Continuous Improvement in Drilling Performance: A Challenge for the Industry (includes associated papers 28160 and 28161 )
- Robert Buchan (BP Exploration Operating Co. Ltd.)
- Document ID
- Society of Petroleum Engineers
- SPE Drilling & Completion
- Publication Date
- June 1993
- Document Type
- Journal Paper
- 79 - 83
- 1993. Society of Petroleum Engineers
- 1.10 Drilling Equipment, 1.10.1 Drill string components and drilling tools (tubulars, jars, subs, stabilisers, reamers, etc), 1.5 Drill Bits, 1.6 Drilling Operations, 1.1 Well Planning, 1.6.3 Drilling Optimisation, 1.14.1 Casing Design, 7.2.1 Risk, Uncertainty and Risk Assessment, 1.2.2 Drilling Optimisation
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Summary. In 1990, extensive drilling activity was matched by significant improvements in drilling performance across a range of North Sea blocks. Major reductions in well costs were achieved as a result. The paper describes how a fresh approach to well planning and design led to these improvements and how continuous improvement is possible by creating an environment for innovation that includes teamwork, risk analysis, and a "value for money" approach to well planning.
For BP Exploration, 1990 was a year of intense exploration and appraisal activity. Fifty-four wells were drilled, eight wells were sidetracked, and one deep, high-pressure well was re-entered. At peak activity, 11 mobile units were operating on exploration and appraisal drilling. Fig. 1 compares the level of activity in 1990 with that in other years. This high drilling activity was matched by significant improvements in drilling performance across a range of North Sea blocks, leading to big reductions in well costs. For example, Forth field appraisal drilling-program well costs were reduced by 1M* per well. Significant performance improvements were limited not just to shallow central North Sea wells but also were achieved on deeper prospects. For example, drilling performance improved by 22% on a recent deep Jurassic well, saving 1.05 million. These performance improvements were achieved during a greatly expanded drilling program brought about by a commitment to spud 87 wells in 1 year. This unusually high drilling activity required a tremendous effort from all people concerned, first in working up prospects and wellsites and second in cost-effective well planning and optimized rig use. We recognized that the desired performance breakthroughs would not be made simply by drilling wells more efficiently using standard designs. The way wells were planned and drilled had to be changed. A new culture organization acted as the catalyst to generate ideas for well designs and drilling operations. At the same time, a new concept, "value for money"(VFM), that offered fund managers a choice of well designs, was introduced to the well-planning process. This paper describes how innovative casing designs were applied successfully to wells drilled in the central North Sea, saving at least 15 million over 18 months.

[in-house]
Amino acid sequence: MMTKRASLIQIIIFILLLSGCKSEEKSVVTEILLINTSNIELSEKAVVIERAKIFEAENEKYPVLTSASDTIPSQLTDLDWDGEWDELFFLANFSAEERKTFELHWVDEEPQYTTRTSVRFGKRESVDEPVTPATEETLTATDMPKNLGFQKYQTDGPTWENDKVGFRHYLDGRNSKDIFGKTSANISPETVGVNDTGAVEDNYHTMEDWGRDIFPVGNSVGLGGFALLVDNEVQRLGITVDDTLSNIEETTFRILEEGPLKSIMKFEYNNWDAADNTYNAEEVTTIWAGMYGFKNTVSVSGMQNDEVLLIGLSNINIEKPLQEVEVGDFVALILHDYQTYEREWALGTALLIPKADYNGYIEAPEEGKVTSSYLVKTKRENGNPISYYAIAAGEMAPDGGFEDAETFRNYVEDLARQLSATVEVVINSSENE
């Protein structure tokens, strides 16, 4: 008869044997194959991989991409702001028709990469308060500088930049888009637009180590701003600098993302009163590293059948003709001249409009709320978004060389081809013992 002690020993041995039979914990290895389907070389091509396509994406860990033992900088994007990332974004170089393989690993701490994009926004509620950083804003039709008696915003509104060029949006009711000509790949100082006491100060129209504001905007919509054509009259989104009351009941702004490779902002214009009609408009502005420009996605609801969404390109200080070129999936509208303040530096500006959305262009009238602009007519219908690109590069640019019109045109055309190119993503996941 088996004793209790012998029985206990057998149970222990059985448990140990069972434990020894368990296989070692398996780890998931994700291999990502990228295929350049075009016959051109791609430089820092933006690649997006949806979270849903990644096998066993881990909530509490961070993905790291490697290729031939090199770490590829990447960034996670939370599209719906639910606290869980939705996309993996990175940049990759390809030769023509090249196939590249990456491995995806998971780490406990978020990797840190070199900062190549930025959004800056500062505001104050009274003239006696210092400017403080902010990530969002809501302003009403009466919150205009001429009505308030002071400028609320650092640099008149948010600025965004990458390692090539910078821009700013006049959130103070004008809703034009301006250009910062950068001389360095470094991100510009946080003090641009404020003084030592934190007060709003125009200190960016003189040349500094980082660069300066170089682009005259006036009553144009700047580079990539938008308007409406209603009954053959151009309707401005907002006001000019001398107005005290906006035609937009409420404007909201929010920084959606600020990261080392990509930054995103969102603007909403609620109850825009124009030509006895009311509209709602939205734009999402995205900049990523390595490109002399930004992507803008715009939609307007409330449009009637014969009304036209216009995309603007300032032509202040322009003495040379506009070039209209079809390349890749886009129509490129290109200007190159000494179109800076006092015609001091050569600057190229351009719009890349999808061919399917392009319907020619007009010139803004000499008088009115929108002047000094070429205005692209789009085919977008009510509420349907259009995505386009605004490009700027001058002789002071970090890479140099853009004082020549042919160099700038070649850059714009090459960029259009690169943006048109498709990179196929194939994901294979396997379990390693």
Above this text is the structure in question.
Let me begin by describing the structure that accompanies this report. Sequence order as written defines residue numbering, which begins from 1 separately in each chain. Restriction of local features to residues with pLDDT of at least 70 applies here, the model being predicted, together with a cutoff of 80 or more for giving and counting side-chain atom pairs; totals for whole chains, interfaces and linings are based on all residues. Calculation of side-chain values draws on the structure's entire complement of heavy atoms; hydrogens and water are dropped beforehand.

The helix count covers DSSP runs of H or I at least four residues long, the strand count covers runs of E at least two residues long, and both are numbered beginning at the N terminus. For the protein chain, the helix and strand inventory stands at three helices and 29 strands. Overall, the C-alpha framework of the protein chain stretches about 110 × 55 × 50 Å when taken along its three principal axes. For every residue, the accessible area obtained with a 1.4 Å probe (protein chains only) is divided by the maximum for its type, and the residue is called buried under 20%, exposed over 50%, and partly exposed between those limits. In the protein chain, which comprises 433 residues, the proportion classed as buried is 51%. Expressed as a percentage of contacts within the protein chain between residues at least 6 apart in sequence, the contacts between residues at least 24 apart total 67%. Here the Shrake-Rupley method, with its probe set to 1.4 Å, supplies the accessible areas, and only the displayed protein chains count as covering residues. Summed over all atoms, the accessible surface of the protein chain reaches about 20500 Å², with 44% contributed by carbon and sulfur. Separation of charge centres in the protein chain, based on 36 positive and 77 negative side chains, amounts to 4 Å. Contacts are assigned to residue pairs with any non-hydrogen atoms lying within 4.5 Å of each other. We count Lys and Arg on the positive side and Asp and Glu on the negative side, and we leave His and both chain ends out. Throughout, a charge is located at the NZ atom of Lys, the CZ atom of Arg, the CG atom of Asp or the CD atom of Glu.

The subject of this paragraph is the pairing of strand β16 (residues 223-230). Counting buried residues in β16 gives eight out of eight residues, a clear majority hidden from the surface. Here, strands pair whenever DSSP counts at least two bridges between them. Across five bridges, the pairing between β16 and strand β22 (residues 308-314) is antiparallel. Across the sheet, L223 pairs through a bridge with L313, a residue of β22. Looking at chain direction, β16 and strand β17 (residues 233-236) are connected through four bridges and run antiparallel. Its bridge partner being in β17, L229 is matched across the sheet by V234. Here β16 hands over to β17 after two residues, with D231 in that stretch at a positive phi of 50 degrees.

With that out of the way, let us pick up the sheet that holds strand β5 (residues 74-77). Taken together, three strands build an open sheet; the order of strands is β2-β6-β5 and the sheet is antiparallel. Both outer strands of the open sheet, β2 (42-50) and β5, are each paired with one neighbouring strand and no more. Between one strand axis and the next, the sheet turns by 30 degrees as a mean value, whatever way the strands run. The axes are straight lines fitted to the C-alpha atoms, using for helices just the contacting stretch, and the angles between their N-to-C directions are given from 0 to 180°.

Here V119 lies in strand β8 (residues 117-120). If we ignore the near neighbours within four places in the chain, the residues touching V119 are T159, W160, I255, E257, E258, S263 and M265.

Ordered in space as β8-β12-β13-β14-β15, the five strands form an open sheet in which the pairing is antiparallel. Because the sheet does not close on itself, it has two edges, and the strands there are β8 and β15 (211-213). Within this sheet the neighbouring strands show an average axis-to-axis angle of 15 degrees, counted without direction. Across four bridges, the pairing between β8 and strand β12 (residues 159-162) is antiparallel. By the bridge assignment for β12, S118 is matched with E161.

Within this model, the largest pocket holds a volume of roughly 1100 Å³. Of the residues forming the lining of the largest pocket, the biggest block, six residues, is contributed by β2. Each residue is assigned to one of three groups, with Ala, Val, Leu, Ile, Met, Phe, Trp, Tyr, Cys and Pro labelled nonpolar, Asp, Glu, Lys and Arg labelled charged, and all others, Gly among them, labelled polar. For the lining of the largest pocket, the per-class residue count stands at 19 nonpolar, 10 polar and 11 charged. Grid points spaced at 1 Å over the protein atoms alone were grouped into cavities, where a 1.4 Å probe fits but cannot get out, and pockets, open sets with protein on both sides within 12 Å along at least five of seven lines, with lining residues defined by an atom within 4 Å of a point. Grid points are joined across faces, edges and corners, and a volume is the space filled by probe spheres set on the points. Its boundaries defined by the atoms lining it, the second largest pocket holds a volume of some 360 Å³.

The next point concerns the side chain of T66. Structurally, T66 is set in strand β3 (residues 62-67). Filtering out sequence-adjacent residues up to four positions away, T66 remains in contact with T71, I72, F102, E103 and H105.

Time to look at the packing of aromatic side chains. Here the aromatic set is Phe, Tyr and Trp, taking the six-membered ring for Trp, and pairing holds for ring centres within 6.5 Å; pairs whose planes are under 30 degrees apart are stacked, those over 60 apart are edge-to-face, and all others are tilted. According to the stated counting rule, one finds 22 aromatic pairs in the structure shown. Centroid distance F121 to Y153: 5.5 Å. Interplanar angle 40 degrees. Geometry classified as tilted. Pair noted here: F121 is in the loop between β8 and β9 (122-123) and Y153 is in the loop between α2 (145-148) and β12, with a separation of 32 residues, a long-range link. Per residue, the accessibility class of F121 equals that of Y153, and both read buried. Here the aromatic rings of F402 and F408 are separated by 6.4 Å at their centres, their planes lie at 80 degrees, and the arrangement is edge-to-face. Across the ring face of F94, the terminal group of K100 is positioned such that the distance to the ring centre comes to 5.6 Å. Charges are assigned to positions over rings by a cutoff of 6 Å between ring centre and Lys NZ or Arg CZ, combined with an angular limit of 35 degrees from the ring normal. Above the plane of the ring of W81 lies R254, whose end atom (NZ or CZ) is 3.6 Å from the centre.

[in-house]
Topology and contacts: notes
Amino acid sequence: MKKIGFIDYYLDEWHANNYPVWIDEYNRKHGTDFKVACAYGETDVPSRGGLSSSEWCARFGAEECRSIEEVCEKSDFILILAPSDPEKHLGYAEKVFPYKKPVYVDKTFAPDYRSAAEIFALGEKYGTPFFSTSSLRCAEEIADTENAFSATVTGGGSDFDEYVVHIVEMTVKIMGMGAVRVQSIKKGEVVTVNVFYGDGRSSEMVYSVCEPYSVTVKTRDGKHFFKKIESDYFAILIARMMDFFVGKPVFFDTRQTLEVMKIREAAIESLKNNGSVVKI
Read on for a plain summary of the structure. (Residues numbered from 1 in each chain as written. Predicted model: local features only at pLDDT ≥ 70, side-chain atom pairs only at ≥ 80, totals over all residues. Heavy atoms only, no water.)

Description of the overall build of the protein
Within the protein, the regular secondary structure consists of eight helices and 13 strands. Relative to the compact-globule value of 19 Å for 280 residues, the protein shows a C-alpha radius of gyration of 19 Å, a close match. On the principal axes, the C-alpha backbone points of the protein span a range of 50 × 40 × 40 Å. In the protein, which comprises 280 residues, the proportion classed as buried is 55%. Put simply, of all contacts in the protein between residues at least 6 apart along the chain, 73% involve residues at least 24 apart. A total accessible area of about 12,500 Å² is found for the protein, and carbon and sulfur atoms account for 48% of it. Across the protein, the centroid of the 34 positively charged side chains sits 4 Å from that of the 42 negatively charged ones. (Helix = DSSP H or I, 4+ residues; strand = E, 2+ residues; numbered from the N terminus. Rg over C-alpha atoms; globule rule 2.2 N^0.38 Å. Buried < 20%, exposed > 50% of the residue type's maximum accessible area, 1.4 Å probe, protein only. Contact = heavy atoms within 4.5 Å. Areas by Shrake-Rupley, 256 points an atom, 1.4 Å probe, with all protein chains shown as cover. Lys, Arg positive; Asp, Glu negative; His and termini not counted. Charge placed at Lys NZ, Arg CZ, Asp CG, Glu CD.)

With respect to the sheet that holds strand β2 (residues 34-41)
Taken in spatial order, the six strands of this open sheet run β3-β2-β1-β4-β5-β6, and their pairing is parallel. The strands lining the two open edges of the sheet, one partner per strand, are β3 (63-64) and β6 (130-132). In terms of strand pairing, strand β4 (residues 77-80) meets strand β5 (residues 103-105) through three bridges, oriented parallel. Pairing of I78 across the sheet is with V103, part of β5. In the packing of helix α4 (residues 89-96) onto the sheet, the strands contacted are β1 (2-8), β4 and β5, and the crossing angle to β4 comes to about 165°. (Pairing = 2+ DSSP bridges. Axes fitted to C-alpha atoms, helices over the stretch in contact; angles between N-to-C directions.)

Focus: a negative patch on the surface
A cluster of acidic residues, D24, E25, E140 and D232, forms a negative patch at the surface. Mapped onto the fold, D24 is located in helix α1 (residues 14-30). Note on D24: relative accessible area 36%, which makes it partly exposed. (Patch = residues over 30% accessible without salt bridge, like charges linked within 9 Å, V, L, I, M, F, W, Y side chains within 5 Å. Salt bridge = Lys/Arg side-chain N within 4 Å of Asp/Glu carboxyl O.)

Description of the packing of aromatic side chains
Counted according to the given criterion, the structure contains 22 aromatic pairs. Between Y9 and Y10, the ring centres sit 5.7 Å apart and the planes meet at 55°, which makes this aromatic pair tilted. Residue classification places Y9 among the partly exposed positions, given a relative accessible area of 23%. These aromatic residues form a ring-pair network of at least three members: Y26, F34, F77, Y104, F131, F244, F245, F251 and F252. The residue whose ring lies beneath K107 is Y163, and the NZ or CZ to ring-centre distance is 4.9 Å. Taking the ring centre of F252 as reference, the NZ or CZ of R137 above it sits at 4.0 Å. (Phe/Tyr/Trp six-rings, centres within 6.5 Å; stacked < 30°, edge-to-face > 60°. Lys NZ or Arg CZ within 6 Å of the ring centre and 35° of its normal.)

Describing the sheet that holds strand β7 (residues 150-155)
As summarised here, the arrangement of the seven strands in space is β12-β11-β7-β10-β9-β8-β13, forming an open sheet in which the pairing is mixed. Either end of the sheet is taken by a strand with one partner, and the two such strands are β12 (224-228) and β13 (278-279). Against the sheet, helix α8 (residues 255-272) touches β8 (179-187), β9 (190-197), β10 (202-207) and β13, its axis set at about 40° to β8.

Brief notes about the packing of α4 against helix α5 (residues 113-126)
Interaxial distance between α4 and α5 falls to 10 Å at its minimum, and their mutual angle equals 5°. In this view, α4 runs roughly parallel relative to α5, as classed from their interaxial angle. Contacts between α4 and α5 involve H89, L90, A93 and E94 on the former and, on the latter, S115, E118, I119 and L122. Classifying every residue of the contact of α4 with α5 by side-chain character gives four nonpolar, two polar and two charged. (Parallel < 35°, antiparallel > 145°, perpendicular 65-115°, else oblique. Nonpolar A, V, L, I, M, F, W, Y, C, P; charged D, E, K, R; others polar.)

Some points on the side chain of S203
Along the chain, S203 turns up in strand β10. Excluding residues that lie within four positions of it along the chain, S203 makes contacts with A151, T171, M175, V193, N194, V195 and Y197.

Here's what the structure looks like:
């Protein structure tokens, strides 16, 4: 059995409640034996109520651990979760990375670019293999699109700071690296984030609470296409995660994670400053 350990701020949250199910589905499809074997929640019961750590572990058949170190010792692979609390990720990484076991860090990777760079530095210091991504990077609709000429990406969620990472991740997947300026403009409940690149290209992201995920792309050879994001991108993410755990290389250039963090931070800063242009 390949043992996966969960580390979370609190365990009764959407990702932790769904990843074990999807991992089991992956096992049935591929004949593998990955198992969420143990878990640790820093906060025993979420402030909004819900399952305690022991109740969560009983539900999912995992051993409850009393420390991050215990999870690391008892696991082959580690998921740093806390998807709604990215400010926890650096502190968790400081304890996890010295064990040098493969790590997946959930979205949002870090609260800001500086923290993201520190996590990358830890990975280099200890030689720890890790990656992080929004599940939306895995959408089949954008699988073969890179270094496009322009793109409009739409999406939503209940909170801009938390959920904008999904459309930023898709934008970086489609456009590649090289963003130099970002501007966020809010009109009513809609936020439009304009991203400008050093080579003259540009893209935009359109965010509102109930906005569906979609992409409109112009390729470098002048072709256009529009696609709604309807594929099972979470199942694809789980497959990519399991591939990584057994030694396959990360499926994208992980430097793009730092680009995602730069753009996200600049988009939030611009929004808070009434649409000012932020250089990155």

Well Engineering and Operations Organization